Wow thank you for the well written article.

I’ve tried an app called 1SE which stands for “1 second everyday” and has you capture regular, phone camera style a 1-sec video or picture and then it groups into a playback for the year. It was fun but doing it with glasses would def be easier.

Related to the sci-fi, actually have a book idea I’ve been trying to write for a couple decades about the memory storage technology. Eventually I will. More of a dystopian twist for sure.

Thanks for sharing your experience

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Photography changed from something other people did to something I could do when I received my first, cheap Kodak. The cost of film and processing restricted my activity until I had children of my own. During that period, memory capture was 80% photography and 20% video camcorder. That was good enough for 20 years. Then came the smartphone, where I did all that on one device, with the only limit being how much storage I had before offloading to computer or online service.

It wasn't until the advent of the smartphone that I noticed what you called downstream degradation of culture: people at sporting events holding up glass rectangles! I was tsk-tsking at it all. Not surprisingly, I find my answer to the deal-breaker to be simply this: I'm old-school. I prefer to be in the moment.

That doesn't mean I won't take picture and videos of a vacation. But those will more likely be snapshots, posed and intentional.

I wasn't aware of the shaky culture relationship, so I'll just skip to the part I was just reading Frank Lantz' DonkeySpace article about AI. He linked to David Chapman's "Better Without AI". Chapman included a dystopian scenario much like your question about everyone wearing special goggles. (link: https://franklantz.substack.com/p/unpluggers-deflators-etc-pt-3-why)

My view is that we don't need such extremes for a cultural obsession to be disruptive. Social norms are very elastic. In 1970, people would give wide berth to a person who talked out loud while lurching down the sidewalk (watch out for that crazy person!) In 1990, people would assume that person was having a self-absorbed phone conversation through a barely visible earpiece (look at that rude person, violating my personal space!) Today, everyone seems to be interacting with a smartphone. (Venmo me, drop a pin! Where is my Uber?)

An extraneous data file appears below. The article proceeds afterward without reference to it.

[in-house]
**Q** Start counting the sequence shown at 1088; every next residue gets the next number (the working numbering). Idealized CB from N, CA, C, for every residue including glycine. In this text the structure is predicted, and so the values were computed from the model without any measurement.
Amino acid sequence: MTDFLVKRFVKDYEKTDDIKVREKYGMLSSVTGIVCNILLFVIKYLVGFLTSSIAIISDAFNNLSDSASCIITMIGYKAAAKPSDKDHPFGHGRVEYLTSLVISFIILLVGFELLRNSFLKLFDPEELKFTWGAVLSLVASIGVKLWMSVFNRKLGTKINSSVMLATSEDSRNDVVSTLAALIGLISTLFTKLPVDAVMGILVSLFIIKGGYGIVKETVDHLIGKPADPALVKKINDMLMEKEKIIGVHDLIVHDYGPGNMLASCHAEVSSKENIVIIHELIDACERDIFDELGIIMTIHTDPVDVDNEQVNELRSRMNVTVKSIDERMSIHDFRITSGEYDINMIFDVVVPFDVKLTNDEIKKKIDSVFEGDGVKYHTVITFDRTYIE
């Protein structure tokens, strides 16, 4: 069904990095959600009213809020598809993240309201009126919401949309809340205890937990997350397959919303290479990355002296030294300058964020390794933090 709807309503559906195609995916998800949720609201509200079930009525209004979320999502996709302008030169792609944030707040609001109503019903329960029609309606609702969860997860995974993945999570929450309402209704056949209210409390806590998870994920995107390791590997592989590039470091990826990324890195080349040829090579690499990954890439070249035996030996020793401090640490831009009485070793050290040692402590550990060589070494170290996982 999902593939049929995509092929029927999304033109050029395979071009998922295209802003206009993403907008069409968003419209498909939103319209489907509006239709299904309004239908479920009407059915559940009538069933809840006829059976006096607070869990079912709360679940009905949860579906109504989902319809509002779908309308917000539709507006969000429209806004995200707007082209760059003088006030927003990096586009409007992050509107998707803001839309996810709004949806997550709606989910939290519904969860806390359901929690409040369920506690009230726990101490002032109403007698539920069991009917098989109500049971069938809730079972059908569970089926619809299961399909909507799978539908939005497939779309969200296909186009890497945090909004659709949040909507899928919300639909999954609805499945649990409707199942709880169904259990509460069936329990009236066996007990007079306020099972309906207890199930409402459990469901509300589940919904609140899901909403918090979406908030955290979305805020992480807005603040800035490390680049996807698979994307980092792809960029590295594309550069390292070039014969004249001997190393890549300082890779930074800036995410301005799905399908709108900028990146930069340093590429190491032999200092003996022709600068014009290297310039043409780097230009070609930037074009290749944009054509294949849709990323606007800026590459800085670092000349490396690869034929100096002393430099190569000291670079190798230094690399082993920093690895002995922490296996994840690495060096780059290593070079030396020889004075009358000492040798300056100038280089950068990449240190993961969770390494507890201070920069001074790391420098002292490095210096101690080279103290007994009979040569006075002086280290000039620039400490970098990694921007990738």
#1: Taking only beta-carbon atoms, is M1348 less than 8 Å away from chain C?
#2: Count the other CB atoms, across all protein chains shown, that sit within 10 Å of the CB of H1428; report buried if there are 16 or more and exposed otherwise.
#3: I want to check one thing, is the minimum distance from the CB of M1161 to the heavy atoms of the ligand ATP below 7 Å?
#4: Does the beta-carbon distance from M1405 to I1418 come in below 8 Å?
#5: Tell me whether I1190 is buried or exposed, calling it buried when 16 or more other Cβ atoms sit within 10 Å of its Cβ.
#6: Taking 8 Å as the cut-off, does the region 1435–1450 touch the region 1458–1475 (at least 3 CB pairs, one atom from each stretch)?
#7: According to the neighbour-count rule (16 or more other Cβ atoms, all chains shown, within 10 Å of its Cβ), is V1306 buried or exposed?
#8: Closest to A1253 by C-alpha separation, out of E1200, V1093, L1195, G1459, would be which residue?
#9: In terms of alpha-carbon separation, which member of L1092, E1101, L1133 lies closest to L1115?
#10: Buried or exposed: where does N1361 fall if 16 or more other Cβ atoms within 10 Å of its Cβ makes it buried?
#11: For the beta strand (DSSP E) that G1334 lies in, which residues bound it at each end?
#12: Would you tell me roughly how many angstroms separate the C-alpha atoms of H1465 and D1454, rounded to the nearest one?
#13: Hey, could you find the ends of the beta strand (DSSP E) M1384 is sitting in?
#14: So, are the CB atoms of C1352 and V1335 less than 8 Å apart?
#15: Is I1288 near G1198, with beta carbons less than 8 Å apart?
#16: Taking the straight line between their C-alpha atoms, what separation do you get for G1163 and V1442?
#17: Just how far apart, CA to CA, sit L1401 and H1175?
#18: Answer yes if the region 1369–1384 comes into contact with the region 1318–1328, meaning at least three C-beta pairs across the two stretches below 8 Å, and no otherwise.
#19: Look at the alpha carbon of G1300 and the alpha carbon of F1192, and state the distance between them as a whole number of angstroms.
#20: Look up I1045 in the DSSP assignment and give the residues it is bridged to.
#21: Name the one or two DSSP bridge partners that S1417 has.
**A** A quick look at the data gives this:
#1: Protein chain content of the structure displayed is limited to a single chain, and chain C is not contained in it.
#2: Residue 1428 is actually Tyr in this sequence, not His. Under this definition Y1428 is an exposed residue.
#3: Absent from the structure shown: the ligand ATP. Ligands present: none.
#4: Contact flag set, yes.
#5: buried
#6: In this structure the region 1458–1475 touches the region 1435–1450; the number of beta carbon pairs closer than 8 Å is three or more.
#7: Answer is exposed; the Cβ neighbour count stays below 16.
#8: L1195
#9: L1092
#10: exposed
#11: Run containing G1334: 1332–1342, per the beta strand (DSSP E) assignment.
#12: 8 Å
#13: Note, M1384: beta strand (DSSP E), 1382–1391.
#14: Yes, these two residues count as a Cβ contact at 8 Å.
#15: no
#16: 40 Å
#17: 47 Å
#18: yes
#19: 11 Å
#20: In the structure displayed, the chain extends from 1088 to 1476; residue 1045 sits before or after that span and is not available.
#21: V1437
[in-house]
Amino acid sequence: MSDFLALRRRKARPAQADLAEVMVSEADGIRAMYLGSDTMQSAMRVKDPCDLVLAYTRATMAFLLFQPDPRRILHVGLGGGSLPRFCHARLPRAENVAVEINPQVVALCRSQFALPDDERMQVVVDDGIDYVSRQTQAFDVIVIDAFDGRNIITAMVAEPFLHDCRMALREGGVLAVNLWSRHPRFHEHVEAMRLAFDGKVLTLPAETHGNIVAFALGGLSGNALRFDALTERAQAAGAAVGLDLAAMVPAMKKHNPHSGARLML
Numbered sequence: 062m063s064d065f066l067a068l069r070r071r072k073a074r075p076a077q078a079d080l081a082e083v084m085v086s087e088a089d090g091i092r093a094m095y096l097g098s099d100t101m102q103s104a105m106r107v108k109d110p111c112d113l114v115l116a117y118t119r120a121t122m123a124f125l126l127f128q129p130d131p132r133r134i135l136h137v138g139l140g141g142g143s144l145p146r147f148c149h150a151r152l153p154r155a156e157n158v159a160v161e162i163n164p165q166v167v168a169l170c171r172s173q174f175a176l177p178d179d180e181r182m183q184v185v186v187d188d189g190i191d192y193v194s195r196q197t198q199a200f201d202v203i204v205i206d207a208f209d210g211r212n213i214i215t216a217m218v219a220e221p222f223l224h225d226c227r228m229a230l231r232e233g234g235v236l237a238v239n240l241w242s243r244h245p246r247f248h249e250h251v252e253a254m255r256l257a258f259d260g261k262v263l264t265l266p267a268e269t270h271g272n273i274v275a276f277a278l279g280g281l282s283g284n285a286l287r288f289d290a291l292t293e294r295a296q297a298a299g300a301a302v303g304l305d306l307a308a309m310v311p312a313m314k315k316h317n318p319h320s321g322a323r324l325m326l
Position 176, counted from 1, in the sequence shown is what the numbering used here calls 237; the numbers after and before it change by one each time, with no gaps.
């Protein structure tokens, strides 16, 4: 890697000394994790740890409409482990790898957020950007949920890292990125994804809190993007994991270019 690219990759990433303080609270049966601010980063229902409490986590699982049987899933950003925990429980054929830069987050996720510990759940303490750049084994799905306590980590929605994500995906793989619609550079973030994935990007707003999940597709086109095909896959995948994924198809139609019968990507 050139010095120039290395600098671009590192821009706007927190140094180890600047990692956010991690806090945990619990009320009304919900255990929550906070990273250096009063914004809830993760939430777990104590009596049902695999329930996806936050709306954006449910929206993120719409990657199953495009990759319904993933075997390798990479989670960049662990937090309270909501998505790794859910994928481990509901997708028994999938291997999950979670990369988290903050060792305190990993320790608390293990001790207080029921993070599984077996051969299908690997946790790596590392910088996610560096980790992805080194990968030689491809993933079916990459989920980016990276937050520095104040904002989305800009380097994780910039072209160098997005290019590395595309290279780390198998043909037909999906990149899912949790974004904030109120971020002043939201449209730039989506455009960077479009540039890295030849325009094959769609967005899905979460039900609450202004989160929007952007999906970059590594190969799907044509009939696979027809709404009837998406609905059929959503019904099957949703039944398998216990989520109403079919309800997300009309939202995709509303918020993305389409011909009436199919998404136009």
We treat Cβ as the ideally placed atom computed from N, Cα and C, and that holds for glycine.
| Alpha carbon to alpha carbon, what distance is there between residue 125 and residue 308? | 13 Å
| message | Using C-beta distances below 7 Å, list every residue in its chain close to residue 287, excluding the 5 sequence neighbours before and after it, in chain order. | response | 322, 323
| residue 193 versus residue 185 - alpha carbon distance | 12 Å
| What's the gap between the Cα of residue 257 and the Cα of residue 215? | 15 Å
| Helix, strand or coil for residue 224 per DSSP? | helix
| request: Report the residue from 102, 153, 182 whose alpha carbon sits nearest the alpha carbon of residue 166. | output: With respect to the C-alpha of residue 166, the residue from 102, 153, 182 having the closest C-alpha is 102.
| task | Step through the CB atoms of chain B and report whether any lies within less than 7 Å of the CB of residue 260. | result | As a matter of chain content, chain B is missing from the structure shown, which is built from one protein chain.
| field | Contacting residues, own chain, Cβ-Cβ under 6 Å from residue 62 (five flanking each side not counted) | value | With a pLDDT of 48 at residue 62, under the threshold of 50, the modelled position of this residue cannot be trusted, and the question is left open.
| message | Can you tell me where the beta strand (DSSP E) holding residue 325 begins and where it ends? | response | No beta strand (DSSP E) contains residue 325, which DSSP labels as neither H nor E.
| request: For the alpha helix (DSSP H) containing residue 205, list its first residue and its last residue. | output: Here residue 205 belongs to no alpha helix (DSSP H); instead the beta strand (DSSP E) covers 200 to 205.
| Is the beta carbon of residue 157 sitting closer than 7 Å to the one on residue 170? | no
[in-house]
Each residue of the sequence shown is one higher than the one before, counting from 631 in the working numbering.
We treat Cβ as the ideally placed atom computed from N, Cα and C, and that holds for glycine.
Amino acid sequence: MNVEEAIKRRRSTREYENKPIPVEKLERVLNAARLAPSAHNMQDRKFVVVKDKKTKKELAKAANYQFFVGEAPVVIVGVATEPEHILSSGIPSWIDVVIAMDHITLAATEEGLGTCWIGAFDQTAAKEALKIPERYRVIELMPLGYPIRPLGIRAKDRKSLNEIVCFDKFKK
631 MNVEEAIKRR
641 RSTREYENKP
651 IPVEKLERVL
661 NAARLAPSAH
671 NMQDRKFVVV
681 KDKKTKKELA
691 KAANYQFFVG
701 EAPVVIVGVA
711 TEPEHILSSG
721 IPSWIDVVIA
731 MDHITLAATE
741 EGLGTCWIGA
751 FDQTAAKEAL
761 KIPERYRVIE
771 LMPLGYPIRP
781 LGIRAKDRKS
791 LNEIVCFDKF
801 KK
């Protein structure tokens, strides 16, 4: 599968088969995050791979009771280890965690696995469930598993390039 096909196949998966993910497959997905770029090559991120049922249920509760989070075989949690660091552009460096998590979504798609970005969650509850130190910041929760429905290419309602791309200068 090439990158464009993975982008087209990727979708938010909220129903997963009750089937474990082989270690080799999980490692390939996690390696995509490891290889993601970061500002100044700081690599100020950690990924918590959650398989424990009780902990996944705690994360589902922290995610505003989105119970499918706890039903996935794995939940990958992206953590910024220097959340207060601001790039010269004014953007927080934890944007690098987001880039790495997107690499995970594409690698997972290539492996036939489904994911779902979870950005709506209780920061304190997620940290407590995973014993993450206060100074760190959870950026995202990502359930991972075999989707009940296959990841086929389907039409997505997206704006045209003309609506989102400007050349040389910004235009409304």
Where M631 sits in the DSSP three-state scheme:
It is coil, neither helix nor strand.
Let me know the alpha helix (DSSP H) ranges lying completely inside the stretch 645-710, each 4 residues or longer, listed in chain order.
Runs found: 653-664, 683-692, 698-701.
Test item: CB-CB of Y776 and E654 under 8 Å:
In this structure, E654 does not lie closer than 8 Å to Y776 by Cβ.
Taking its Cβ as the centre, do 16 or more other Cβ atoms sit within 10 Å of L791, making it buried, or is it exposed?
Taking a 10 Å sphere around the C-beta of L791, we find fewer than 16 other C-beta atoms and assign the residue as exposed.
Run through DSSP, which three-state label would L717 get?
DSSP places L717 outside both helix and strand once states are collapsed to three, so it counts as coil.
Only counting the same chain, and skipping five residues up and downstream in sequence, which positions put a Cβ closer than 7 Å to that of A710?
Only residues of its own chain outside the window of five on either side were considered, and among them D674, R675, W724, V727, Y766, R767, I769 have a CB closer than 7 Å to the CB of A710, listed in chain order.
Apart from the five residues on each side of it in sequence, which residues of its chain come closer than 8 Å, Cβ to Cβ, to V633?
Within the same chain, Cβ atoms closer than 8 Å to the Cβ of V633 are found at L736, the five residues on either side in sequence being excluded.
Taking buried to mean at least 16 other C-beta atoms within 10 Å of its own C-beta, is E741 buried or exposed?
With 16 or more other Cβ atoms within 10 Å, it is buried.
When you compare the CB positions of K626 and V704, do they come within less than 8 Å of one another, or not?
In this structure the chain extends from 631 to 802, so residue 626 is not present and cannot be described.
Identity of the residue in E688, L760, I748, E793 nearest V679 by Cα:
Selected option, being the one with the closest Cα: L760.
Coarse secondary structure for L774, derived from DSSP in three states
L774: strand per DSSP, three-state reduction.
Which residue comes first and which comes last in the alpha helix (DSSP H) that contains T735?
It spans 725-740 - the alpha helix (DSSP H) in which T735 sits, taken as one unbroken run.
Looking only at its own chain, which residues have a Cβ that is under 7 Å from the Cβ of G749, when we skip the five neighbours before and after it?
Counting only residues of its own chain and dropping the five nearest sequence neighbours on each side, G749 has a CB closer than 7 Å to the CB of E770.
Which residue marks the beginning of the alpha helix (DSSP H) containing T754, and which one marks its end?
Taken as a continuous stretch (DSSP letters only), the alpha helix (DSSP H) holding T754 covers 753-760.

There's not much of a leap from glass rectangles to glassholes. :) Just beware the designer frames!

I don't think you're missing anything, because this experience will be personal for each of us. I don't foresee evil lurking. Just more consumerism and attention wars.

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The Shiny Dime for me is that these resolve the tension between immersion and capture. I always think of being present in the moment and capturing the moment as mutually exclusive. But you make a strong case that it might not be case.

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Mar 19Liked by Michael Dean

Great article

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wow, your last week of feb looked really fun! now i'm tempted LOL

does the software know to clip "eventful" moments through AI or was this manually compiled?

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I've spent the past few years turning my camera on, putting my phone down, and forgetting it for long minutes. I don't try to capture the visuals; I want to remember the ambience. I think I started doing this after hanging out with smart, high people. I needed to store their conversations somewhere. Sometimes, I prop my phone and catch a weird angle. Rewatching it gives a new perspective on the same night.

That was a long way to say I need these Ray-Bans.

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